On October 1, 1968, George A. Romero’s Night of the Living Dead premiered in Pittsburgh, with a total budget of only $114,000. Although the film originally received mixed reviews from film critics, it eventually was selected by the Library of Congress for preservation within the National Film Registry as a film deemed â€œculturally, historically or aesthetically significant.â€
After more than forty years of re-releases and international sales, the film has grossed approximately $256,147,434, making it one of the most successful horror films ever created. Since you’re reading this blog, I’m to assume that you 1) have seen this film and 2) absolutely love the hell out of it. Every self-respecting Halloween fan loves it, that’s a universal fact. It’s why we carry so many zombie costumes.
Now, a couple indie filmmakers and screenwriters are looking to turn this iconic classic into a theatrical play, though the idea is currently looking for funding via IndieGoGo.com, a site similar to Kickstarter. The theatrical re-imagining is titled Night of the Living Dead Live, and here’s what the creators have to say about the project:
â€œNight of the Living Dead Live will captivate audiences as they experience this classic told in the intimate setting of a live theater. This will bring the viewer closer to the story than ever before, as they are literally sitting in the house with the characters as they fight and kill their way through the marauding ghouls. At the end of the show everyone in the room will know what it feels like to experience a night with the living dead!â€
In addition, to ensure the original film’s essence is not lost in translation, the theatrical play will be presented â€œentirely in black and white, from the set design right to the actors.â€ Here’s a short video of the creators discussing their passion for the project:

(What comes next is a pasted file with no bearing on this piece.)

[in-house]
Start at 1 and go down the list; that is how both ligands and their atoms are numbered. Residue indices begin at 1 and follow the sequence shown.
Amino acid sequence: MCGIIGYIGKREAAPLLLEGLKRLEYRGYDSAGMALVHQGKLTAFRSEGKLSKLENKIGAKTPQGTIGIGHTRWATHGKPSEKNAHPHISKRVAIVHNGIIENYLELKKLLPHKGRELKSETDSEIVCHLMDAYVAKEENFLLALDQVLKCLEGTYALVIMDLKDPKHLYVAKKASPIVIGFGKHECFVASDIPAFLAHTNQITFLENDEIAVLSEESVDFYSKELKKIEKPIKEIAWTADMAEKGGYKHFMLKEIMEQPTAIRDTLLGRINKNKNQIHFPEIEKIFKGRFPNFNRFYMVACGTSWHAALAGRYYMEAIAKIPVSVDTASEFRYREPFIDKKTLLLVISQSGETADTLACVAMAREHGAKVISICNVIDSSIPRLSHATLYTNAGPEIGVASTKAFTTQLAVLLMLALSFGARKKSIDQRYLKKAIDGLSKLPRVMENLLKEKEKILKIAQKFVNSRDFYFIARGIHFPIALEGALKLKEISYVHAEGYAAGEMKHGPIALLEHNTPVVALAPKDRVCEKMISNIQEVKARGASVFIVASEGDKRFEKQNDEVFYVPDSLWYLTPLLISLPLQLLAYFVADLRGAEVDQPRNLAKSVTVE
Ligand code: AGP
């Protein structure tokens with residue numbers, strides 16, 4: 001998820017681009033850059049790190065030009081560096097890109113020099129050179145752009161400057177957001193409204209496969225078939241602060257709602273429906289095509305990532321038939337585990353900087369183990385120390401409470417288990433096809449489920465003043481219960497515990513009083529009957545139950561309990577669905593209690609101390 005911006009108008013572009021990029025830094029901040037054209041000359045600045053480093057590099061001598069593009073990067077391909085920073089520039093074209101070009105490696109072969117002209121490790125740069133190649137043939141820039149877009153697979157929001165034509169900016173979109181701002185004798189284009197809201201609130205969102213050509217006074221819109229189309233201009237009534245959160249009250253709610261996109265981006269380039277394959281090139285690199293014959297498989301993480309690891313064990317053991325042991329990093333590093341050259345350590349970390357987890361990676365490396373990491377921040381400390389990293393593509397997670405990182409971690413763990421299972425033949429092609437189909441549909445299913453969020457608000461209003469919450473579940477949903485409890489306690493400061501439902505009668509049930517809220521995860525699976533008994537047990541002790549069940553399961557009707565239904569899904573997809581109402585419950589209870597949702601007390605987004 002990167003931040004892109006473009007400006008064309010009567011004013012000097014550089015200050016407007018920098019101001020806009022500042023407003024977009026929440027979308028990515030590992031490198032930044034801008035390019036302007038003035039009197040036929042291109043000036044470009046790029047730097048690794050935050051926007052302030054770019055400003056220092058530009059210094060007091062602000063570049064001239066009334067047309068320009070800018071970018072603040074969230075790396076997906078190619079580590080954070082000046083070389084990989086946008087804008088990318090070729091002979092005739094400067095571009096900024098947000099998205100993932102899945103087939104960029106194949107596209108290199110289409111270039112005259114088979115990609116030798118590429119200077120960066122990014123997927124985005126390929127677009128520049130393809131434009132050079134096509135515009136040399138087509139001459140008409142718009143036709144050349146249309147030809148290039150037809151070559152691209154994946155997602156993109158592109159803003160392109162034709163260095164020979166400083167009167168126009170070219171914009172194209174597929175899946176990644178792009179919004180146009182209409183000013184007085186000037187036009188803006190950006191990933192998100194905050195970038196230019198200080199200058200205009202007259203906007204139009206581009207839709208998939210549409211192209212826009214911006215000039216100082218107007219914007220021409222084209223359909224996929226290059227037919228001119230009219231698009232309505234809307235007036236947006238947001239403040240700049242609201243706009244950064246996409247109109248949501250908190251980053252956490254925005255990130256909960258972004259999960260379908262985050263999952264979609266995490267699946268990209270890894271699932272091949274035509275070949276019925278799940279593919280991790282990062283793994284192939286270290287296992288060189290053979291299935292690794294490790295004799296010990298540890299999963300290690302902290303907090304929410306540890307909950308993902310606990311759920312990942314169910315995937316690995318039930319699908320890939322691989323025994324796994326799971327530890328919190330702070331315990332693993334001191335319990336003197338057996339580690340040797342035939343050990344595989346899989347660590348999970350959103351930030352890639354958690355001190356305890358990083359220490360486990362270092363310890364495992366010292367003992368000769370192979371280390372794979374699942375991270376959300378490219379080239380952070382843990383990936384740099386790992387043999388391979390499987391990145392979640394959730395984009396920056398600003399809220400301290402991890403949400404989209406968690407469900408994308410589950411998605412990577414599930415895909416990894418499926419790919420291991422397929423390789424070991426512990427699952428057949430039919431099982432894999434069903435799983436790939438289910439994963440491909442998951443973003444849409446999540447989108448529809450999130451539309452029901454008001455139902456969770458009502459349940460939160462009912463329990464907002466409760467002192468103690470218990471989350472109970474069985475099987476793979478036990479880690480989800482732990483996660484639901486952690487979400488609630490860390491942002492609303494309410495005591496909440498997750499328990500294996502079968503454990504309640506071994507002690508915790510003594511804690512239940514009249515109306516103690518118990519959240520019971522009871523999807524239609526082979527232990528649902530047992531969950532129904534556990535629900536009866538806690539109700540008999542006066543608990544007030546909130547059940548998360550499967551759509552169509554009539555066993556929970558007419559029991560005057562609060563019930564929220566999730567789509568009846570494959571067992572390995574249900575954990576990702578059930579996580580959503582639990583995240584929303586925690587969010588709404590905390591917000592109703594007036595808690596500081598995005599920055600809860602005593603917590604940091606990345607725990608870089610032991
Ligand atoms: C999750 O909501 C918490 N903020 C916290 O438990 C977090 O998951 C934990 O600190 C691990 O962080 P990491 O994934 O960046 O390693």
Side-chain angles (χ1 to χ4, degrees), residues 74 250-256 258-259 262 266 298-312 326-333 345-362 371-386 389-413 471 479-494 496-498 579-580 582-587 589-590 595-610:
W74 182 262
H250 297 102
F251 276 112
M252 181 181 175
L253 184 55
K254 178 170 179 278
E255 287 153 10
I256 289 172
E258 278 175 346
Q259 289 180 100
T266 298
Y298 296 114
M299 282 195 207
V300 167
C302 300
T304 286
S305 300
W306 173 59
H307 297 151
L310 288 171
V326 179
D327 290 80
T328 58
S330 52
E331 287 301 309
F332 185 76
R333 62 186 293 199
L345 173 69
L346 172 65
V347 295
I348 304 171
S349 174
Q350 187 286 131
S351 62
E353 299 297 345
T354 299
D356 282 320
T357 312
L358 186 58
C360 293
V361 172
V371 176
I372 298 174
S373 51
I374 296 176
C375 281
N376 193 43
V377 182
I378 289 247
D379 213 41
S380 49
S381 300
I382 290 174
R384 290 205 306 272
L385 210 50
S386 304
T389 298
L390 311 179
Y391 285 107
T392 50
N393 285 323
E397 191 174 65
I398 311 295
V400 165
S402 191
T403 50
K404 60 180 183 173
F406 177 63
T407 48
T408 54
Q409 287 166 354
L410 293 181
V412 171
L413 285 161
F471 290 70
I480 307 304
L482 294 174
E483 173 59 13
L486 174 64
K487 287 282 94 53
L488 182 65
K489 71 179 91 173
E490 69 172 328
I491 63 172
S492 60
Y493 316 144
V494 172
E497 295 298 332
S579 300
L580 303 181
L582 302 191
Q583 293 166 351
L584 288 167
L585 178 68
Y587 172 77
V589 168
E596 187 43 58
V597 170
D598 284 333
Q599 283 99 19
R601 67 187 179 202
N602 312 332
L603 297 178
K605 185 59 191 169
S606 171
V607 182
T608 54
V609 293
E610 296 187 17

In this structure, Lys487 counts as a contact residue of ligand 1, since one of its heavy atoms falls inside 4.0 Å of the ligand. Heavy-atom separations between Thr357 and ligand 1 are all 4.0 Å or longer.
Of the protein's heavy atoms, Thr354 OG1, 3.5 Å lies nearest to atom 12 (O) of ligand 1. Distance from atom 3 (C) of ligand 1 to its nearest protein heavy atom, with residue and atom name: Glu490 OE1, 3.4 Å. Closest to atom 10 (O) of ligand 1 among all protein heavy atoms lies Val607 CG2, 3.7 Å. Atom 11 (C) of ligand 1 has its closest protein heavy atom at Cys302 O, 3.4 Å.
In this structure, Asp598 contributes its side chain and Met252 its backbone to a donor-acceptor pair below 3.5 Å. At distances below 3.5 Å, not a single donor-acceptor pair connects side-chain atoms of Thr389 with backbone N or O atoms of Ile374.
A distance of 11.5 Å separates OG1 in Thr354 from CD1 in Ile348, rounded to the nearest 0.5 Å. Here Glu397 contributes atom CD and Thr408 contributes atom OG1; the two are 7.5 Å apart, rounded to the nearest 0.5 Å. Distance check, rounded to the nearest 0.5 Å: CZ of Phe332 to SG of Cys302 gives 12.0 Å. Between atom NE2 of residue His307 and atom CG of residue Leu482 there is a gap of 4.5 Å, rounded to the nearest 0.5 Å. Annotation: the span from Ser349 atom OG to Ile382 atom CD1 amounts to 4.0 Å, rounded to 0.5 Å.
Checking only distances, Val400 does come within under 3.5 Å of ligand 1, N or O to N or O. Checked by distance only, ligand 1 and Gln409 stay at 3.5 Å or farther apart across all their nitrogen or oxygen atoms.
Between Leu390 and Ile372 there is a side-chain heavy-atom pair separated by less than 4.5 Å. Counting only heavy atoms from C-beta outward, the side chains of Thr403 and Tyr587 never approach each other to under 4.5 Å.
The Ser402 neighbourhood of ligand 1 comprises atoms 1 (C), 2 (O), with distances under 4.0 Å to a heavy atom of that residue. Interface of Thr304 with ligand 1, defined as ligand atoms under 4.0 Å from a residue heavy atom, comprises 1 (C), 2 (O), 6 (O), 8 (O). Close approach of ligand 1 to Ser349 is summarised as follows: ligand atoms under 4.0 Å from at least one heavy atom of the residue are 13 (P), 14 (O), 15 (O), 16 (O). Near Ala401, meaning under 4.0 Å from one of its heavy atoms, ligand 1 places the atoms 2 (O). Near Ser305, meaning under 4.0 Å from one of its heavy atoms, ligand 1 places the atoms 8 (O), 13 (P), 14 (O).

If the reader is wondering how an indie group found the rights to recreating Romero’s original, the film’s original distributor, the Walter Reade Organization, did not place a copyright indication on the prints. Back in 1968, United States copyright law required proper notice to maintain a copyright, and this never happened. Allegedly, Romero was given the opportunity to rename the film, make a few â€œcreative edits,â€ and place a new copyright on the film, ensuring it would remain his, but for whatever reason he never did it, so the film entered public domain status.
But that does not necessarily mean the theatrical play is going behind Romero’s back. Quite the opposite, in fact, as the indie team lists George A. Romero as part of the team, titled an Executive Producer. One may interpret this as his official approval of the theatrical play’s production.
The play is being directed by Christopher Bond, the co-creator and co-director of the play Evil Dead The Musical. If you want to see the theatrical play come to life, chip in at the play’s IndieGoGo page.